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UBC Theses and Dissertations

Pluralist moral theory in the philosophy of property and the legal form of the condominium Leslie, Jason

Abstract

This thesis outlines three major moral theories in philosophy – utilitarian, deontological, and pluralist or neo-Aristotelean – and examines their application to the law of condominium. The thesis uses a combination of moral analytic theory and a study of legislation and case law. The thesis begins with a discussion of theoretical methods in legal philosophy, adopting and defending an approach based on general pragmatism and legal realism. It then canvasses the application of moral approaches to property law, with an emphasis on explaining and further developing the application of pluralist moral theory to property. The thesis then considers how each of the three schools of philosophy analyzes the structure of condominium and makes predictions about how condominium issues would be resolved by each approach. In particular, this analysis focuses on how condominium presents a challenge to traditional views of property and highlights the connection between property and sovereign power by incorporating concepts of democratic governance. Afterward, the thesis engages a detailed review of statutes and case law that apply to condominium disputes in British Columbia and Ontario. The thesis concludes that courts and legislatures have been alternating between deontological approaches and pluralist approaches to condominium, with a general trend in recent developments away from the deontological approaches and towards pluralist approaches. The thesis tentatively suggests that on the whole, pluralist approaches lead to more just and equitable results in condominium, and suggests further avenues for study.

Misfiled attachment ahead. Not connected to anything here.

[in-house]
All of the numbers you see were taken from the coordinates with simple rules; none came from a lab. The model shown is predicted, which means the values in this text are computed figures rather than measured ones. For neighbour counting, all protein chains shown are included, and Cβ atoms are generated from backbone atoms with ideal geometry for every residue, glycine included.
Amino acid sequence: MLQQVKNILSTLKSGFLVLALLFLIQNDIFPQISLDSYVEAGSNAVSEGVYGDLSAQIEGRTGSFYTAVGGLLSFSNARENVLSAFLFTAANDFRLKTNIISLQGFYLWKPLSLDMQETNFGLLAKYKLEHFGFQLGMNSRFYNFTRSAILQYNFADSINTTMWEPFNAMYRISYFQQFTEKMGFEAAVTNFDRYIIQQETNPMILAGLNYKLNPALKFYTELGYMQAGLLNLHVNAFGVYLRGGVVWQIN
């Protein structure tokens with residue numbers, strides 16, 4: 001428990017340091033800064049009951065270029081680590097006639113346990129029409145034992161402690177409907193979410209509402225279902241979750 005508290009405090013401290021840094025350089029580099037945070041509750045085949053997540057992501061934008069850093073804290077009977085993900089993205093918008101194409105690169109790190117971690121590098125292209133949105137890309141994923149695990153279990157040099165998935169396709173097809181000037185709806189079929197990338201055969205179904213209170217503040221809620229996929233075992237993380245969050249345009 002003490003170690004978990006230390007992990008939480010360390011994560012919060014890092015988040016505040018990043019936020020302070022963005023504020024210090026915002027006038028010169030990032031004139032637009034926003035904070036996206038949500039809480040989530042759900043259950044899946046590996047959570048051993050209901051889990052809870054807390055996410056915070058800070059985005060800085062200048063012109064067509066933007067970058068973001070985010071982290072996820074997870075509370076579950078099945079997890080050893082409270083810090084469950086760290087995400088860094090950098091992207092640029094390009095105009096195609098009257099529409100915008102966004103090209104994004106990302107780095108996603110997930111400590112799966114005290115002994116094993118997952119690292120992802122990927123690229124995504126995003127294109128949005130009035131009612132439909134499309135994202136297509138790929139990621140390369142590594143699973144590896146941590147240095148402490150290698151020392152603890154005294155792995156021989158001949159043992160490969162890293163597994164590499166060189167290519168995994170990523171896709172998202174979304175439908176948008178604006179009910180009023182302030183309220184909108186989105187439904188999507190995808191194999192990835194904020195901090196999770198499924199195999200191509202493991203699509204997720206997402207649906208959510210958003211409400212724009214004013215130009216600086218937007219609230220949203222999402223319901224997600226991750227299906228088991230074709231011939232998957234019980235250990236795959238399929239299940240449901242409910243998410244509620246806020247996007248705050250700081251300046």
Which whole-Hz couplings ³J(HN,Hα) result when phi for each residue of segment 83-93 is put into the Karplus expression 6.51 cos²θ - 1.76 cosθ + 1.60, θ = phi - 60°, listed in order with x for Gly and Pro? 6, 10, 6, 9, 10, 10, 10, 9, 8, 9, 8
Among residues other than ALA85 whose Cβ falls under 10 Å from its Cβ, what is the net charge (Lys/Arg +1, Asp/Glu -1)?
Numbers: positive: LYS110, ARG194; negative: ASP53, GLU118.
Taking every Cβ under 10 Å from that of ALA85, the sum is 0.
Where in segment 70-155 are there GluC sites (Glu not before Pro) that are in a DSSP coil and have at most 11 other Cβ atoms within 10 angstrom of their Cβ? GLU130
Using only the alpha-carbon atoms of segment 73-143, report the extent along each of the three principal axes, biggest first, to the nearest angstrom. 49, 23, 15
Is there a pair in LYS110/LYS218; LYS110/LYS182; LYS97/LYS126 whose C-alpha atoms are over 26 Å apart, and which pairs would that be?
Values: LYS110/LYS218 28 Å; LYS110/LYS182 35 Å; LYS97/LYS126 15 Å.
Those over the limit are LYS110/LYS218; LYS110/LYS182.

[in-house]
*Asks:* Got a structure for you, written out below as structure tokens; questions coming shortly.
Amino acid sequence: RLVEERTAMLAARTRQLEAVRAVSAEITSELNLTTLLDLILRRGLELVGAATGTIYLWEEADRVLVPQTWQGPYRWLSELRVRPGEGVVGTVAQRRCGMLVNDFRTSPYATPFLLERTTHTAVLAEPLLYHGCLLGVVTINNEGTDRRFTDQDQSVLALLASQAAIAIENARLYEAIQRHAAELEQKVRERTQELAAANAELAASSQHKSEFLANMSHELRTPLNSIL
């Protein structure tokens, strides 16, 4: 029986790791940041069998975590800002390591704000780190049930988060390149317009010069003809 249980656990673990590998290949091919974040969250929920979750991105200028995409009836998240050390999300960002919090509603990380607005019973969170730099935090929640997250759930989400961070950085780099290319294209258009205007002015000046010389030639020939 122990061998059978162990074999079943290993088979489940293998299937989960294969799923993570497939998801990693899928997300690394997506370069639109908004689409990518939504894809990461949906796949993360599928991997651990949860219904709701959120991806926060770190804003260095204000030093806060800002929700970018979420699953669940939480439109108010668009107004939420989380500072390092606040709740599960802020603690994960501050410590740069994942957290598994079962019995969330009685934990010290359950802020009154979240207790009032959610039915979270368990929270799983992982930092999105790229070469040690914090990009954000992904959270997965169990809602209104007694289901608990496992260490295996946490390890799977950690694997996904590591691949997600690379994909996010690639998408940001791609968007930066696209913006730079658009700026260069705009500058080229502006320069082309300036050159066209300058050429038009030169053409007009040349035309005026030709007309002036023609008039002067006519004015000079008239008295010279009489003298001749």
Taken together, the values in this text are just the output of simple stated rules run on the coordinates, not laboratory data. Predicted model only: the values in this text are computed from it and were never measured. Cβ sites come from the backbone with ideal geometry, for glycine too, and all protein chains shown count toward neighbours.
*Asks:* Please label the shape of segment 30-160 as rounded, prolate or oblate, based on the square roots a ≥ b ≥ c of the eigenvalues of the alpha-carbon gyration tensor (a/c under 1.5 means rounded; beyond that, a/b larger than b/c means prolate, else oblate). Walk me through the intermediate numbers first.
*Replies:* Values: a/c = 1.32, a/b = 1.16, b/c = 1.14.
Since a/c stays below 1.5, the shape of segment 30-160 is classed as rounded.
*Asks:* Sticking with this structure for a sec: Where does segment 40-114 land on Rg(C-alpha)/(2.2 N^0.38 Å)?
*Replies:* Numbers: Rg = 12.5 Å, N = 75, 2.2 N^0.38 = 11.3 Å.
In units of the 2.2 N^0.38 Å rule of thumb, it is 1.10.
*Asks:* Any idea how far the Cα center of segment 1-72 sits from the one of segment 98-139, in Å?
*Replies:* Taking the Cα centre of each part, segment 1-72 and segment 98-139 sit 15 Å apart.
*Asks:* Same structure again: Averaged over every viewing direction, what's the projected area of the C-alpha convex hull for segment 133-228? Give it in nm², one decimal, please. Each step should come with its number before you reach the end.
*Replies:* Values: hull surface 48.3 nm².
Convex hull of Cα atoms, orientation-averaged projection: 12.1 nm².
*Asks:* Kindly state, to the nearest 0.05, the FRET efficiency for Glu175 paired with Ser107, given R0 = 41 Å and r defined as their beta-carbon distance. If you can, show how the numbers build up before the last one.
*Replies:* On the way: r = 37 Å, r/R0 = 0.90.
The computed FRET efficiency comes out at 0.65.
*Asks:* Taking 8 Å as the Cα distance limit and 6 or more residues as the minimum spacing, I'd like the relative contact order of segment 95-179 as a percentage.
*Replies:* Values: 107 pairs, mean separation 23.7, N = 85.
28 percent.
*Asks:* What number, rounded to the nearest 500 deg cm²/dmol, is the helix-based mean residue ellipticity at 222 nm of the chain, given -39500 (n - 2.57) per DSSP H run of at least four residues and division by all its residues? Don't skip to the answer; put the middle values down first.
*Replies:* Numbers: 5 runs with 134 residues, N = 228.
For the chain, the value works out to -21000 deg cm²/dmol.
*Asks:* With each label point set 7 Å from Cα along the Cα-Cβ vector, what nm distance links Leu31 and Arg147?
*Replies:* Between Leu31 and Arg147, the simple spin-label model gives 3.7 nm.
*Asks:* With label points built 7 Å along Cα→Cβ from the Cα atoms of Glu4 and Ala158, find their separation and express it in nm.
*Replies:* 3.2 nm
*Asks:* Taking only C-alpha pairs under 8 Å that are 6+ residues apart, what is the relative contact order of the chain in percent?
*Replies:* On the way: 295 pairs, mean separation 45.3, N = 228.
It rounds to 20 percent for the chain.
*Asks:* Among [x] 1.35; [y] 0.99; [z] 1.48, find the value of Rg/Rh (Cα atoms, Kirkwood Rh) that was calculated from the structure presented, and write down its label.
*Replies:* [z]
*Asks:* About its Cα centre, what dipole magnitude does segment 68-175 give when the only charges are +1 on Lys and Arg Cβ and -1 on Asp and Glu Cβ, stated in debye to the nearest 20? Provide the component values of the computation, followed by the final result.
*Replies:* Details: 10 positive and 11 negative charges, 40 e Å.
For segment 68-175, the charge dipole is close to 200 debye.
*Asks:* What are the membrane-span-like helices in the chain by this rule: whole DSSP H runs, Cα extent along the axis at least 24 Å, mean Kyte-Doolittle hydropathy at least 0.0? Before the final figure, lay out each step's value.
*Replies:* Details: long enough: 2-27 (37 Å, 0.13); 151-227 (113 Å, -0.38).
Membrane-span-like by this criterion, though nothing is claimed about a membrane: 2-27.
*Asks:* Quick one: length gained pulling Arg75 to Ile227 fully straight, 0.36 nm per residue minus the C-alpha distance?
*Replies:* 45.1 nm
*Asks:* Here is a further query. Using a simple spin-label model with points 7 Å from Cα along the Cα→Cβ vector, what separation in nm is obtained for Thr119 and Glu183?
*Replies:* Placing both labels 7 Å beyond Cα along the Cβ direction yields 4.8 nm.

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Attribution-NonCommercial-NoDerivs 2.5 Canada

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